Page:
Former NZX boss Mark Weldon has been named as a party in a multimillion-dollar claim being taken against the stock exchange operator by the former owners of its grain trading business.
Ralec Commodities and Ralec Interactive have added Weldon as a defendant in their latest counter- claim against NZX and one of its subsidiaries, filed in December.
Ralec and the other parties to the claim have said they are seeking up to A$20million (NZ$25.5m) related to the 2009 sale of their online grain trading business Clear to NZX, which has descended into a bitter dispute.
After a decade as chief executive, Weldon left NZX at the start of May. He has bought a vineyard in Central Otago, but it is not known what his next career move will be.
Both Weldon and NZX have declined to comment on the case. It is not clear whether NZX will offer Weldon an indemnity against any possible damages claim if the Ralec case succeeds.
Last year NZX filed a lawsuit against the Ralec companies and principals Grant Thomas and Dominic Pym, alleging the pair misled and deceived it in the sales process for Clear, for which it paid an initial $8.8m.
In response, Ralec made a counter-claim against NZX alleging the Wellington-headquartered company failed to properly resource the company to allow it to hit targets, which would have triggered further instalment payments.
The Ralec suit alleges that problems within the business were caused by Weldon fostering "a working culture among employees based on fear and insecurity" and did nothing to address staff shortages, court documents show.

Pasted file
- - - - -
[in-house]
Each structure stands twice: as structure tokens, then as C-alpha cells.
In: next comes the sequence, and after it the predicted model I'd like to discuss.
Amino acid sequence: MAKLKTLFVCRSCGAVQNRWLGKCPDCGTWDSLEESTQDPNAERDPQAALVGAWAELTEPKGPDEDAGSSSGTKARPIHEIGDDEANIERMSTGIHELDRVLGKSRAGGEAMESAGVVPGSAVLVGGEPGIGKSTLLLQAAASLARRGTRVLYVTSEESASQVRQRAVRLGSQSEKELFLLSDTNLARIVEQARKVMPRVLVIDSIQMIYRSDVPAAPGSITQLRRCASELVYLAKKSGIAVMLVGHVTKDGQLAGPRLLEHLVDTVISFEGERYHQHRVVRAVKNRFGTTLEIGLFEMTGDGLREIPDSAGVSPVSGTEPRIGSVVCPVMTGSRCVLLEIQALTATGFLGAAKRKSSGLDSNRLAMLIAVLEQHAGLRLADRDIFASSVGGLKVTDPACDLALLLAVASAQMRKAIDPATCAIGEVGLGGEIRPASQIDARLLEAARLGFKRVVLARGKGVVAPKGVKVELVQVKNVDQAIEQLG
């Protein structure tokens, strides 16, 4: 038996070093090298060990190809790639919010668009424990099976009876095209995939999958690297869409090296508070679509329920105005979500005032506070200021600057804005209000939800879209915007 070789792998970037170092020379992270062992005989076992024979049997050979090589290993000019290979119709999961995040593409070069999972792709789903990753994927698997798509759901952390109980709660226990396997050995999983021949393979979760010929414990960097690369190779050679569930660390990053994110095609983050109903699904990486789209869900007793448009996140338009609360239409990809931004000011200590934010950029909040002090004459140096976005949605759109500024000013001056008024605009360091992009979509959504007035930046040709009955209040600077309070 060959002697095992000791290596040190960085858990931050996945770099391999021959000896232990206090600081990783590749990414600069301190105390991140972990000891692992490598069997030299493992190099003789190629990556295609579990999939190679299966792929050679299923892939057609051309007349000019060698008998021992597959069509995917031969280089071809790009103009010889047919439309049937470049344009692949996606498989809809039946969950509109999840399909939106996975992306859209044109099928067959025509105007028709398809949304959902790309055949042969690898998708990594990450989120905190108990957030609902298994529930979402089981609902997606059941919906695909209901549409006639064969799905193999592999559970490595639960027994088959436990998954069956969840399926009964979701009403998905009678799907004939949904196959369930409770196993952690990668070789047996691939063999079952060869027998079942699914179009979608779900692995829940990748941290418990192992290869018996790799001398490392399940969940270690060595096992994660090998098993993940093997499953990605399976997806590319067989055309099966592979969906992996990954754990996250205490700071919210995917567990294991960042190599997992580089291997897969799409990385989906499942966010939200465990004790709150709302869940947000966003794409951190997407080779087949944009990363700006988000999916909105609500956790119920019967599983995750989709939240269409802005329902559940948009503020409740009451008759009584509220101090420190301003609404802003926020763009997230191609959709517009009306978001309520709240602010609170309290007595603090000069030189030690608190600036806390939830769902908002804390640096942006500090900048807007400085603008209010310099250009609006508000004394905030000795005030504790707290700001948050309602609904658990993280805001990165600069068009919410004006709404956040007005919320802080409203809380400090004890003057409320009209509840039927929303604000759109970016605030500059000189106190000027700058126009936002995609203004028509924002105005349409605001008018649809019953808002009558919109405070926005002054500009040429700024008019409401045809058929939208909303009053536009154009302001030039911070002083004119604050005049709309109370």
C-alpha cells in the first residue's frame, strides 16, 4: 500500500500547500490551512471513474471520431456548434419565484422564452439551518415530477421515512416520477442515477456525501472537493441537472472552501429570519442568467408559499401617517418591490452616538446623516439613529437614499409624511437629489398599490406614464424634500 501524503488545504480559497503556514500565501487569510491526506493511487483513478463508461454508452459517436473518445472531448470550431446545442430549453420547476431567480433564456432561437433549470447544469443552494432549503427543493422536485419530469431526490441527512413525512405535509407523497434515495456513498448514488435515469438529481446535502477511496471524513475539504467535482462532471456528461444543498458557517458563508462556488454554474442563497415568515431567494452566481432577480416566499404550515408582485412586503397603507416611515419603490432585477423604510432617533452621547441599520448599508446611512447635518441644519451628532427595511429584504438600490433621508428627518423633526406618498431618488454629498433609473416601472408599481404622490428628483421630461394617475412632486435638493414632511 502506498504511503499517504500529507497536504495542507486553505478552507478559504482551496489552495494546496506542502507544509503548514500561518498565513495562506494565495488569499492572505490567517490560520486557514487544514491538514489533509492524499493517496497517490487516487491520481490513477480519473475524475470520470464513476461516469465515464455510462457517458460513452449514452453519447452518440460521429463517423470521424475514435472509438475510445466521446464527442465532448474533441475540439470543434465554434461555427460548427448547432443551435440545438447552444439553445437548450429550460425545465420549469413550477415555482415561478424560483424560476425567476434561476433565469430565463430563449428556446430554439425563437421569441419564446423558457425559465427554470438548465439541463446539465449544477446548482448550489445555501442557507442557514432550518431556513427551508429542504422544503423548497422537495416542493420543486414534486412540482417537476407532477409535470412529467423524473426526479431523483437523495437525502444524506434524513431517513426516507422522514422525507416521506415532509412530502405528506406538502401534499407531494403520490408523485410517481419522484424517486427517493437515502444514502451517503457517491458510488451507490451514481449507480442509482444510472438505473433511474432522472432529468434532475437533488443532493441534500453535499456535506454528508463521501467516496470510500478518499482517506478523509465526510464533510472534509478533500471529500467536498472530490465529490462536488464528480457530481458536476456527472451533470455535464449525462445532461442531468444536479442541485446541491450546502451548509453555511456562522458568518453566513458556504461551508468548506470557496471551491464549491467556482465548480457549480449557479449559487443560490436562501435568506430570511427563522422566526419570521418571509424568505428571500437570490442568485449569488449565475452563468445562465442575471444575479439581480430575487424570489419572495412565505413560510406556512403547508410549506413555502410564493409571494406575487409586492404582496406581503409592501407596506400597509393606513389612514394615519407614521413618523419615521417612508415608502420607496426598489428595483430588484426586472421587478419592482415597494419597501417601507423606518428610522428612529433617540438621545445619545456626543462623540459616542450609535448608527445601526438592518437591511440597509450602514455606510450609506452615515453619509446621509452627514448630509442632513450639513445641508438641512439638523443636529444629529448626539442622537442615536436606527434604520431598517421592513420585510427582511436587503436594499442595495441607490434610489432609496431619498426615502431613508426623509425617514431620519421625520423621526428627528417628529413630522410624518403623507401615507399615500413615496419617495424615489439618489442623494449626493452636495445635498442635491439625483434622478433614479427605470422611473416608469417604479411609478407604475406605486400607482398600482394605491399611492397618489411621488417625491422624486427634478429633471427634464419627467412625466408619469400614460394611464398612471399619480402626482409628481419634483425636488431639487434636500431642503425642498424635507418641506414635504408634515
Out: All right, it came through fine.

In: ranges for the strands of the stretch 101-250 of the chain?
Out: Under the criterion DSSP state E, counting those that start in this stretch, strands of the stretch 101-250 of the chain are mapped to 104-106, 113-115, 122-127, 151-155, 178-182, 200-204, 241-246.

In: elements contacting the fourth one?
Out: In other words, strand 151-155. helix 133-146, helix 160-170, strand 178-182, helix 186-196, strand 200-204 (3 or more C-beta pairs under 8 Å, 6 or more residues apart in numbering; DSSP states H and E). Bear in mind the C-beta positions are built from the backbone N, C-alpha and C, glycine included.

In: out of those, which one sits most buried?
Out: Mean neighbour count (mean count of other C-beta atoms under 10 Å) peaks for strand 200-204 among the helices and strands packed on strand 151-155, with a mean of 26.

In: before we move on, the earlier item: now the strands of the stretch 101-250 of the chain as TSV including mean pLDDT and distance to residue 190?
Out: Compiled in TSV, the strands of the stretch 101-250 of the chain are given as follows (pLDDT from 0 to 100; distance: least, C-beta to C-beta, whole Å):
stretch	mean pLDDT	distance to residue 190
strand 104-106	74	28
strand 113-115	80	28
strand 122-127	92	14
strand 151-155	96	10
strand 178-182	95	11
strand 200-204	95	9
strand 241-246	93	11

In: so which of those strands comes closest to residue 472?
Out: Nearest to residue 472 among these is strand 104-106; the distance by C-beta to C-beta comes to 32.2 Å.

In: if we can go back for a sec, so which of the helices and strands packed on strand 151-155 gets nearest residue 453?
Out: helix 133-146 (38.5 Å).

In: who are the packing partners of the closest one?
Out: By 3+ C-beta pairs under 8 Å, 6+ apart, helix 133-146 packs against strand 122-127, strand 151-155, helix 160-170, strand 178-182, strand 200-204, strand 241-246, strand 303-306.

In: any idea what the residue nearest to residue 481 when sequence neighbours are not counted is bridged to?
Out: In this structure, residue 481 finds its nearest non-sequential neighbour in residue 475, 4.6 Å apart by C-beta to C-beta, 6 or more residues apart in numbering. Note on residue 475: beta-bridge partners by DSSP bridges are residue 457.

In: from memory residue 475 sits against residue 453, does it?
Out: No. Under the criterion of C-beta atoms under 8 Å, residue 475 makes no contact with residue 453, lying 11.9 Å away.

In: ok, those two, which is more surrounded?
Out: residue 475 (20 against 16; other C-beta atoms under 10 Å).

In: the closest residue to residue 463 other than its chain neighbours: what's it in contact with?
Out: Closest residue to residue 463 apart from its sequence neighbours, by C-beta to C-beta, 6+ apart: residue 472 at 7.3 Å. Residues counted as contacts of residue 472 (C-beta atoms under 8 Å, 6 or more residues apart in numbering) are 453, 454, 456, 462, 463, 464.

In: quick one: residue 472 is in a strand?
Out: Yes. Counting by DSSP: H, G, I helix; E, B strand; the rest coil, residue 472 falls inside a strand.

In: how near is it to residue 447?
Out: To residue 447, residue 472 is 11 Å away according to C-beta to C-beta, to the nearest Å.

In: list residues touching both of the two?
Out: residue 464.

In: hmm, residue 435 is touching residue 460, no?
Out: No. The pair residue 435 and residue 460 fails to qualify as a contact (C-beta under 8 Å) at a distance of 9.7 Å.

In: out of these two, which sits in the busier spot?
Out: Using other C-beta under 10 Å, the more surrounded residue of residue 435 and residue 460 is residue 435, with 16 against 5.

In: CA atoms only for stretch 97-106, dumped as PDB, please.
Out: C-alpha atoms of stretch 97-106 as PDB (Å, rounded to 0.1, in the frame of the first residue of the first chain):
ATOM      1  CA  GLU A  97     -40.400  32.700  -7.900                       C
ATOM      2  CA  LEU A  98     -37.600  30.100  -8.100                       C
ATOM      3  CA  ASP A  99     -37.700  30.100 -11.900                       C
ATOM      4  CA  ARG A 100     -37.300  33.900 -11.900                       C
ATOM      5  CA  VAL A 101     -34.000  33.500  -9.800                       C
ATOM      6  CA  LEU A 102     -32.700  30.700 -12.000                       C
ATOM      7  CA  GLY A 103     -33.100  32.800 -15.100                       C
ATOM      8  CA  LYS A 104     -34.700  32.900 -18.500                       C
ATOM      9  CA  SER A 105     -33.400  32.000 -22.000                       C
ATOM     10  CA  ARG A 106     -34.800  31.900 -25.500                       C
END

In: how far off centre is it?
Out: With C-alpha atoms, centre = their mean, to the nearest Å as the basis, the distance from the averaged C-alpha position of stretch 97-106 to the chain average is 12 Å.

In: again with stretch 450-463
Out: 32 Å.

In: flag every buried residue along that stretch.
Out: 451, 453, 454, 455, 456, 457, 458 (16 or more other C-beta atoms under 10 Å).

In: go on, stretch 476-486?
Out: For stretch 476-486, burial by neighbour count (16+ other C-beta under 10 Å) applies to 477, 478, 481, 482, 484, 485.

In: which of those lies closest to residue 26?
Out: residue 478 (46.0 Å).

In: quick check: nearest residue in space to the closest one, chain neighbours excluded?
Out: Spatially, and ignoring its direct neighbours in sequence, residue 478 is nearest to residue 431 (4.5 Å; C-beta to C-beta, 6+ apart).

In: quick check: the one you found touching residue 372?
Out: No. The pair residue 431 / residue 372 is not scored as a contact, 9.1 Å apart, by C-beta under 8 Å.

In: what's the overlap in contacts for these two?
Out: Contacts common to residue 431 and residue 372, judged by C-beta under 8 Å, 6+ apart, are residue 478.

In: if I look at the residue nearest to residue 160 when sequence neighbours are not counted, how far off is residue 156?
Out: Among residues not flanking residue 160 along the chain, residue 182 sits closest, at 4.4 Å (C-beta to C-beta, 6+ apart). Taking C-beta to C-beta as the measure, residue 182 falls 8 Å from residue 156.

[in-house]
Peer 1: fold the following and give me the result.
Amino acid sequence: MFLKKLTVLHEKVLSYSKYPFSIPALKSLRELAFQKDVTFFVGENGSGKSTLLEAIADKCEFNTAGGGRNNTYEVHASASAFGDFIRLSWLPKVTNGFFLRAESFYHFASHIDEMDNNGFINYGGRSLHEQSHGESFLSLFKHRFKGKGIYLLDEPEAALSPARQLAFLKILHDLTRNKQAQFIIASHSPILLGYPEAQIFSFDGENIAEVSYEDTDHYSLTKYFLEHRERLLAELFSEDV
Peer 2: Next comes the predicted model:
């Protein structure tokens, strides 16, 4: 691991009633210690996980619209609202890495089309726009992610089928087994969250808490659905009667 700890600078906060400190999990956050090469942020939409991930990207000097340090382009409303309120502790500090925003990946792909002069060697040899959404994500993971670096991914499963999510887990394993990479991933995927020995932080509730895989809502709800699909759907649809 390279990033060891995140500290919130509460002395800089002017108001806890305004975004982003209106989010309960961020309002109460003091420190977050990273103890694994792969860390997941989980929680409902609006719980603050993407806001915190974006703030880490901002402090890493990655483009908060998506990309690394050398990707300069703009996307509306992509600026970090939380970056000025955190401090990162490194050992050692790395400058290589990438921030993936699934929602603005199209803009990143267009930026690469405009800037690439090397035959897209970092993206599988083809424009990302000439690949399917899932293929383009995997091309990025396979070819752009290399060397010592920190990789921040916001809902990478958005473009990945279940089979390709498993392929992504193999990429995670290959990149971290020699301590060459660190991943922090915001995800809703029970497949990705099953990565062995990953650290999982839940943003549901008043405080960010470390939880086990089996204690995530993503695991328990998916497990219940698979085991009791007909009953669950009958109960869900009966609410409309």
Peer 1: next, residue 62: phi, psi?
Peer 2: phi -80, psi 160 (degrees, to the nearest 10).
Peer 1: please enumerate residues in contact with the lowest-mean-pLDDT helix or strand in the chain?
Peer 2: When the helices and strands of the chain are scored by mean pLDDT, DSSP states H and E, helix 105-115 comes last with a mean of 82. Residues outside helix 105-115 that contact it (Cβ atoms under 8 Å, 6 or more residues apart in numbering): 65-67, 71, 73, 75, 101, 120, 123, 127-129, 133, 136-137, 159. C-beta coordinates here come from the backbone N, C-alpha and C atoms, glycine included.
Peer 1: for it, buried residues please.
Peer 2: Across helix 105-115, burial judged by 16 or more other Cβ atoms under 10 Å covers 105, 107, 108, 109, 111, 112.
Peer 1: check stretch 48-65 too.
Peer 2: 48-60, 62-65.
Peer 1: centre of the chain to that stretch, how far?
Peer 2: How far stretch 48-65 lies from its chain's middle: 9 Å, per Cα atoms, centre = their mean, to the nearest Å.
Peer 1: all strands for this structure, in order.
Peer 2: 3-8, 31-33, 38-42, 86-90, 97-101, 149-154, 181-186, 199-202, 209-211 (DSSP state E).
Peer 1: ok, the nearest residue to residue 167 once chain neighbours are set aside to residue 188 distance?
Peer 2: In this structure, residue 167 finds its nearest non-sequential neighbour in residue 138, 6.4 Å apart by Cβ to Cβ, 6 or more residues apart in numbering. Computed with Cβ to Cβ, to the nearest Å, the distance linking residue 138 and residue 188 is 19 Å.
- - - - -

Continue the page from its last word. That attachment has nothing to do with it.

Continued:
A spokesman for Ralec said Weldon had been added as a party to the case because he had been central to buying Clear.
"This has always been Mark Weldon's baby. He drove it, he conceived much of it, it was very much his, and while at the moment both he and NZX are on the same page, that may not always be the case. That may change as more comes to light."
On Monday night it emerged that Weldon had raised $12.5m after selling 9.5 million NZX shares – most of his stake in the company – last Friday.
Weldon said in an email that there was "nothing newsworthy" in the move, which was a matter of balancing investments.
"It is just not at all sensible to have all your money invested in one stock alone. If you work at a place, it is a different story, but once you have left an organisation to have all your eggs in one basket is just not a strategy anyone would advise," he said.
"I have also left a very meaningful amount of money in NZX – certainly more than would be advisable on a pure portfolio basis."
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